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Allegiant Book

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PLEDGE OF ALLEGIANT The final book in the Divergent trilogy will satsify the die-hards, but how does it hold up as a novel?


Current Status:
In Season
Veronica Roth

We gave it a B+

Veronica Roth is no George R.R. Martin — but in the final installment of her Divergent trilogy, she shows a similar merciless streak. Barely six chapters in, Roth brutally offs a character who’s been around since the first book. The message: In this dystopian universe, nobody is safe.

Of course, Roth is merely following in the footsteps of giants like J.K. Rowling and Suzanne Collins, both of whom wrapped their own sagas after racking up the body counts. Their influence can be felt throughout Allegiant, as can that of The Truman Show, M. Night Shyamalan’s The Village, and every superhero story centered on a Christ figure. (So, every superhero story.) And the plot, which finds Roth’s characters venturing beyond their city’s walls only to discover a new network of conspiracies, is straight out of the sci-fi handbook, clumsy racism allegory and all.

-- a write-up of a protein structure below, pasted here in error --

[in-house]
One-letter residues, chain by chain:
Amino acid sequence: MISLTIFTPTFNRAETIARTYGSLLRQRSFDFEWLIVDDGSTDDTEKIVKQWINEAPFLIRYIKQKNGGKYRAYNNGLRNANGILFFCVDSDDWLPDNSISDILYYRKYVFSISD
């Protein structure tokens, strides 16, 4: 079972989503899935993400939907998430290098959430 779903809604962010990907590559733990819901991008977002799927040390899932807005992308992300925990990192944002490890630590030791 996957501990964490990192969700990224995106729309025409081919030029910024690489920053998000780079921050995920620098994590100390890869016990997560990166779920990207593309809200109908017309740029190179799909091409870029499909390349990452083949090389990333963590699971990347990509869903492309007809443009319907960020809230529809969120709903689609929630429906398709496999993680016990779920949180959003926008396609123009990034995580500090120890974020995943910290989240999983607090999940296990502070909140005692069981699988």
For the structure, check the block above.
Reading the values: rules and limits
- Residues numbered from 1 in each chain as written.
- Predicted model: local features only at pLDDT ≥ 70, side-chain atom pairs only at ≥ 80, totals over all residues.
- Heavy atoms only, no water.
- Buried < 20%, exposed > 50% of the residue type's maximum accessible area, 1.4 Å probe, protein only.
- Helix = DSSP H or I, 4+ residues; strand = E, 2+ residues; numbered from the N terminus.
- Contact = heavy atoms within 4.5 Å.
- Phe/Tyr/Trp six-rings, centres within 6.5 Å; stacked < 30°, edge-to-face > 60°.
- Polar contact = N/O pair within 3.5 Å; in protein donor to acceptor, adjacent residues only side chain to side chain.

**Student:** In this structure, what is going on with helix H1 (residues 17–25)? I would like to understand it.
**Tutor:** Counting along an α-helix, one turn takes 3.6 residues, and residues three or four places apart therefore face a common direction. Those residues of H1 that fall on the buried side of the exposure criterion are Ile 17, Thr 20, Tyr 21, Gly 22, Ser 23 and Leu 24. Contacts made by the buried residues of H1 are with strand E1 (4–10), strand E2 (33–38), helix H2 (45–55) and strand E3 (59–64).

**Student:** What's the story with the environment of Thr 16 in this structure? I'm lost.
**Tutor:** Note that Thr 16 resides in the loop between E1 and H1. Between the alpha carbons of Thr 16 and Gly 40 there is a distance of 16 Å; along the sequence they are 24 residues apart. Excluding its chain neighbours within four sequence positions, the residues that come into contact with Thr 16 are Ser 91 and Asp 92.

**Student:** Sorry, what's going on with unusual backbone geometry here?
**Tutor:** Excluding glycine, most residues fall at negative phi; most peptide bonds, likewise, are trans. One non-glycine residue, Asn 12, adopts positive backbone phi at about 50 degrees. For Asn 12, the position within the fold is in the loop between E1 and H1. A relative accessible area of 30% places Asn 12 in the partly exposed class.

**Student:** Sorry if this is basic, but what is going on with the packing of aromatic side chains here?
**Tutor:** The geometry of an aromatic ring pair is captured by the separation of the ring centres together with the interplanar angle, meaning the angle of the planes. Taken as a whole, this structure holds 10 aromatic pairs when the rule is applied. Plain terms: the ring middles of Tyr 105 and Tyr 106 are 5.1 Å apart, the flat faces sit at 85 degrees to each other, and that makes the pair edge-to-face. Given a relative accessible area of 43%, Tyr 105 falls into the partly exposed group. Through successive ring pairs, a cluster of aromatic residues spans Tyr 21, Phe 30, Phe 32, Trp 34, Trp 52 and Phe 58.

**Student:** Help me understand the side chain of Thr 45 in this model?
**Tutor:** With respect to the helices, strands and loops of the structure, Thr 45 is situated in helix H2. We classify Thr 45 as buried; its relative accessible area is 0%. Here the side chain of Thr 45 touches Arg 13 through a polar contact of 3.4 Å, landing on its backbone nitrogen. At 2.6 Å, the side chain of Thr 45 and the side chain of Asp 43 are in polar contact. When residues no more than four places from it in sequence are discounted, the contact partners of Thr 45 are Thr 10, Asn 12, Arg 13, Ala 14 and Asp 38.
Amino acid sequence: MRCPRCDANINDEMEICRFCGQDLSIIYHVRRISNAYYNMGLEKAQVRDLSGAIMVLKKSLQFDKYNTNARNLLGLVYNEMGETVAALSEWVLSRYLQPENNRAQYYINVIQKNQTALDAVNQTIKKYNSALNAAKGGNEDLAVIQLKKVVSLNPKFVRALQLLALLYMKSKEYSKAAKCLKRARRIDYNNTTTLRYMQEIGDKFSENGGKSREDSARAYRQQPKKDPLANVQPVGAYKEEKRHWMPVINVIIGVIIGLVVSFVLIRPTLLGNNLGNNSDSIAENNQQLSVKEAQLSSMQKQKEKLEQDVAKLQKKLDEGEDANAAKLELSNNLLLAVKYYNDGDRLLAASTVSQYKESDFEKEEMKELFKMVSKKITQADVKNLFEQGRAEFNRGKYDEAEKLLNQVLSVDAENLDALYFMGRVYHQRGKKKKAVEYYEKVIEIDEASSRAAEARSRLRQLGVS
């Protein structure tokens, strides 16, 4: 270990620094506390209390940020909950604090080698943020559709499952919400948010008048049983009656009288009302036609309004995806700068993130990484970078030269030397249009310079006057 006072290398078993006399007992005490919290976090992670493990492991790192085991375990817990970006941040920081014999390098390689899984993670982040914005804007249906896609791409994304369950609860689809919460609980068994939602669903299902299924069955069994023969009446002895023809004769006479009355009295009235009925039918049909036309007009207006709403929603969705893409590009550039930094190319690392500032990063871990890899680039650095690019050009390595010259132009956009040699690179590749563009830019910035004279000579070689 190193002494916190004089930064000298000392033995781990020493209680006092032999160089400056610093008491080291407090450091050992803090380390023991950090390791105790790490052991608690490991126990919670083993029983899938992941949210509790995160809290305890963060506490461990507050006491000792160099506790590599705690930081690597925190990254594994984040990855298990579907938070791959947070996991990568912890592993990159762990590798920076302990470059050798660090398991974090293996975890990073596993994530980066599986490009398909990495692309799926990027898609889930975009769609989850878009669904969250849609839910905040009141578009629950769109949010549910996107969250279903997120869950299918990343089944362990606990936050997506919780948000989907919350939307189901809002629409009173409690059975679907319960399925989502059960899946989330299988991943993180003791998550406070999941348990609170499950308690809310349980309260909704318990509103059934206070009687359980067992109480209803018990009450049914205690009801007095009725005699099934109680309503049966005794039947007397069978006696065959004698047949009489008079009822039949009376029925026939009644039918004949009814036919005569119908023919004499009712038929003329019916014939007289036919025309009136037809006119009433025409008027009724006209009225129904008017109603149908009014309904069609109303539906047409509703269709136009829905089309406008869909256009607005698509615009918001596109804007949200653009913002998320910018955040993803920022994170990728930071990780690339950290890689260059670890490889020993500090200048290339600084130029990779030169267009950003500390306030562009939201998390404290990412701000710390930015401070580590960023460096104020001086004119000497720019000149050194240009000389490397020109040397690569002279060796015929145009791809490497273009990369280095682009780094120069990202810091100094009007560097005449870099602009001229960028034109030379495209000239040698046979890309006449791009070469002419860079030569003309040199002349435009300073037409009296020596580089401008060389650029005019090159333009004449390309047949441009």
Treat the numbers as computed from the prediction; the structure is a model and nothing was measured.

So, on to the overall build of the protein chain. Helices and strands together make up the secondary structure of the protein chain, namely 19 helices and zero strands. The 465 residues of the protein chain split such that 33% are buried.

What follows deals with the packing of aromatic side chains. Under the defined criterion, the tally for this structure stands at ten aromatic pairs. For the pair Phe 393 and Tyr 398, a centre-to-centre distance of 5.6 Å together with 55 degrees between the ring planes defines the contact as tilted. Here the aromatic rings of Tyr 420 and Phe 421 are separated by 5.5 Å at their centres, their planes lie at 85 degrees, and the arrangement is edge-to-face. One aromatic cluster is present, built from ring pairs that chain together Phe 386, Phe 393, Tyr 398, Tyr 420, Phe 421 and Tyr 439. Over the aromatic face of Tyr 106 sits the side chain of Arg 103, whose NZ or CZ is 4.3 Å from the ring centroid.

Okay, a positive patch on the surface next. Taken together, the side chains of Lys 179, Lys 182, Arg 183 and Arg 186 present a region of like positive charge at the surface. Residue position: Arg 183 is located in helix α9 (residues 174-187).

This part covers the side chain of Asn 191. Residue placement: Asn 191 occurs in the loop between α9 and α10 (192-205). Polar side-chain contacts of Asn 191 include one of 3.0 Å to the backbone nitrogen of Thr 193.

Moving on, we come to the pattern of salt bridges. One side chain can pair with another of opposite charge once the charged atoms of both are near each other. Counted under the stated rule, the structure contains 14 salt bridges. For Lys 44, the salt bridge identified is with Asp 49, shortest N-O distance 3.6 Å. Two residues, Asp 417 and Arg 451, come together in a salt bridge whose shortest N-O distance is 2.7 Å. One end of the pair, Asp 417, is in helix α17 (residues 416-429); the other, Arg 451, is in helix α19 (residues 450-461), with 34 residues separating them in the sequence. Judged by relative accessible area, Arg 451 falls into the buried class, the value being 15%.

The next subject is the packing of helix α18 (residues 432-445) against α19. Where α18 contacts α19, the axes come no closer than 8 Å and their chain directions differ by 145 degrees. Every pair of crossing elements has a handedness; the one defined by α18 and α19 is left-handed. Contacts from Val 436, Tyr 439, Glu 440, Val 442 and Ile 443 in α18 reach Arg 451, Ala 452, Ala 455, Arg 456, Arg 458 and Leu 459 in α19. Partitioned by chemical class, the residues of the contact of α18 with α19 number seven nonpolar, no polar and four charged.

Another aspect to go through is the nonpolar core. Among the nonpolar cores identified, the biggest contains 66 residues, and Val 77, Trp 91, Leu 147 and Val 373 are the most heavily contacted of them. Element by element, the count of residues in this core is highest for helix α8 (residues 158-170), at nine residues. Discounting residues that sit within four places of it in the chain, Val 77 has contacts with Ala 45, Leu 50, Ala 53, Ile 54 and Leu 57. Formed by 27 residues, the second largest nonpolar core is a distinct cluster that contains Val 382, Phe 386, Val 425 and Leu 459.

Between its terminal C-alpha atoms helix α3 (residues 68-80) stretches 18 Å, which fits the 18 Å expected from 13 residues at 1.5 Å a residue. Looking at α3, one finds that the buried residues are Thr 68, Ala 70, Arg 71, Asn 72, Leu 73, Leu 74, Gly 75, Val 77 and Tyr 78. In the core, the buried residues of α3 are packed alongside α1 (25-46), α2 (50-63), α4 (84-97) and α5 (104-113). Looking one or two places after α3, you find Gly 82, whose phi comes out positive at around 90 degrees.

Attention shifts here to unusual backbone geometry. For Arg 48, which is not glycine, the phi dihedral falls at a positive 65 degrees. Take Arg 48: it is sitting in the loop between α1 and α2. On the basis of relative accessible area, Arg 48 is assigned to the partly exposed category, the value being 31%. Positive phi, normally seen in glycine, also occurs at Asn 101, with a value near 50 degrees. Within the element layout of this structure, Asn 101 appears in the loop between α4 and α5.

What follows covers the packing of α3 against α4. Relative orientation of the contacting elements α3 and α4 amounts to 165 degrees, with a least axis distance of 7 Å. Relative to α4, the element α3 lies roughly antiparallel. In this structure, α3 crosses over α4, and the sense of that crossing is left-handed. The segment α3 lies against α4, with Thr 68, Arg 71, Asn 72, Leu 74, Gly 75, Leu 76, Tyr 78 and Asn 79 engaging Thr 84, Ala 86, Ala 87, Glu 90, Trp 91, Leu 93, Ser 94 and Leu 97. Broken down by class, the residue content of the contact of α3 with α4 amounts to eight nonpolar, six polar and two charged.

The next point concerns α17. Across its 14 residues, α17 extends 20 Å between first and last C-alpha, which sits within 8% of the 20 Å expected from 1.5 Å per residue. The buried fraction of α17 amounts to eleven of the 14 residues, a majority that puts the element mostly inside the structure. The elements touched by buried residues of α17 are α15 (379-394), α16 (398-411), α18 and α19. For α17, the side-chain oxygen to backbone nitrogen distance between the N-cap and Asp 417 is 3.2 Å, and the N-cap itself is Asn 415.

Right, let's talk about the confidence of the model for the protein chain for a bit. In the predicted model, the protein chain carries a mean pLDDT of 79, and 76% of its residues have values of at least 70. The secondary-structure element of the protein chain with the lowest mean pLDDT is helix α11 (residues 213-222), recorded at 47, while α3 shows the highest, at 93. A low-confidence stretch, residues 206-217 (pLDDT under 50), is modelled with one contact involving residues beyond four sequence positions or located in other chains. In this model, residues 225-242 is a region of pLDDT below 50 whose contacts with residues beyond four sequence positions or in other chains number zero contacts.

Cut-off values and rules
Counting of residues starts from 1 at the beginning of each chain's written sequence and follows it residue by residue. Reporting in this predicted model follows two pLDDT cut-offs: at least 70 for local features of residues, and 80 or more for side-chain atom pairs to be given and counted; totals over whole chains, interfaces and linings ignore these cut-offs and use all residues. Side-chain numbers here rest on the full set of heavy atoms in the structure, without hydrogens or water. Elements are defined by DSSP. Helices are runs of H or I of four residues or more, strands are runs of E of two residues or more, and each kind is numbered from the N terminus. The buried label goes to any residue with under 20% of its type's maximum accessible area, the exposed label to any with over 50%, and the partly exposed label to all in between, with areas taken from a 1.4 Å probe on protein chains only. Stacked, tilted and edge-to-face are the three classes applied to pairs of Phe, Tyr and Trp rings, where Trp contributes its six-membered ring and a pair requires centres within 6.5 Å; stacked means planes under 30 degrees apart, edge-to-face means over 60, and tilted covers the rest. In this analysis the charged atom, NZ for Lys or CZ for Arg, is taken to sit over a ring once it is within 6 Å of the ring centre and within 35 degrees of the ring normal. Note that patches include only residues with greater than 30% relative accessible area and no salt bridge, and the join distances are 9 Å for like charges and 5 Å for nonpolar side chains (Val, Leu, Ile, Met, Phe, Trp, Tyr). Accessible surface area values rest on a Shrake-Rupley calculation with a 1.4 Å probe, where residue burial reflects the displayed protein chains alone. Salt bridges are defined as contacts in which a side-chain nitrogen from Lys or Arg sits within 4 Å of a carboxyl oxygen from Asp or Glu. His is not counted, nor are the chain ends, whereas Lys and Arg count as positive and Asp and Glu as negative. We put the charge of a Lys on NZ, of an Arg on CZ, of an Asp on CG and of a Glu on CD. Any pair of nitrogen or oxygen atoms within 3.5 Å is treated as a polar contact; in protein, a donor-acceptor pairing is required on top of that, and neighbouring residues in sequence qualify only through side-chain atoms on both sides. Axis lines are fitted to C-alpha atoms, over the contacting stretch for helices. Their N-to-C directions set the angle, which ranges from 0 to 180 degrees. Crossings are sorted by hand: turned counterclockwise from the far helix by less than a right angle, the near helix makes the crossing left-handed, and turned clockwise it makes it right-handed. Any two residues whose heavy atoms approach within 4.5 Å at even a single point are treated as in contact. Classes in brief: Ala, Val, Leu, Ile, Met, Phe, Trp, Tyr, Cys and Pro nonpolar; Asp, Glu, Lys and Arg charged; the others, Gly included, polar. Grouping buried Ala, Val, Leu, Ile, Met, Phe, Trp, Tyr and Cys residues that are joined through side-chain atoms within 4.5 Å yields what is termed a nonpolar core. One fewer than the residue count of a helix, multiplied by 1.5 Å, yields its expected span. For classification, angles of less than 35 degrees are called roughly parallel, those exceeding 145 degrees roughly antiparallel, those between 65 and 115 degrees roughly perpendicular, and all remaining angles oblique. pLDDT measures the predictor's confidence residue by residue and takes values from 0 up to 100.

None of this will matter to Roth’s fans, who thrill to the heart-pounding immediacy of her writing and swoon over Tobias, the damaged dreamboat who co-narrates Allegiant with his true love, Tris. If you’ve already been sucked into Roth’s world, you’ll appreciate the book’s twisty plot — which provides needed context for the series’ prefabricated society — and its chastely torrid Tris/Tobias love scenes (”I am like the blade, and he is like the whetstone”). Others may not get what the fuss is about until they reach the novel’s shocking ending. Perhaps Roth is more dauntless than her role models after all. B+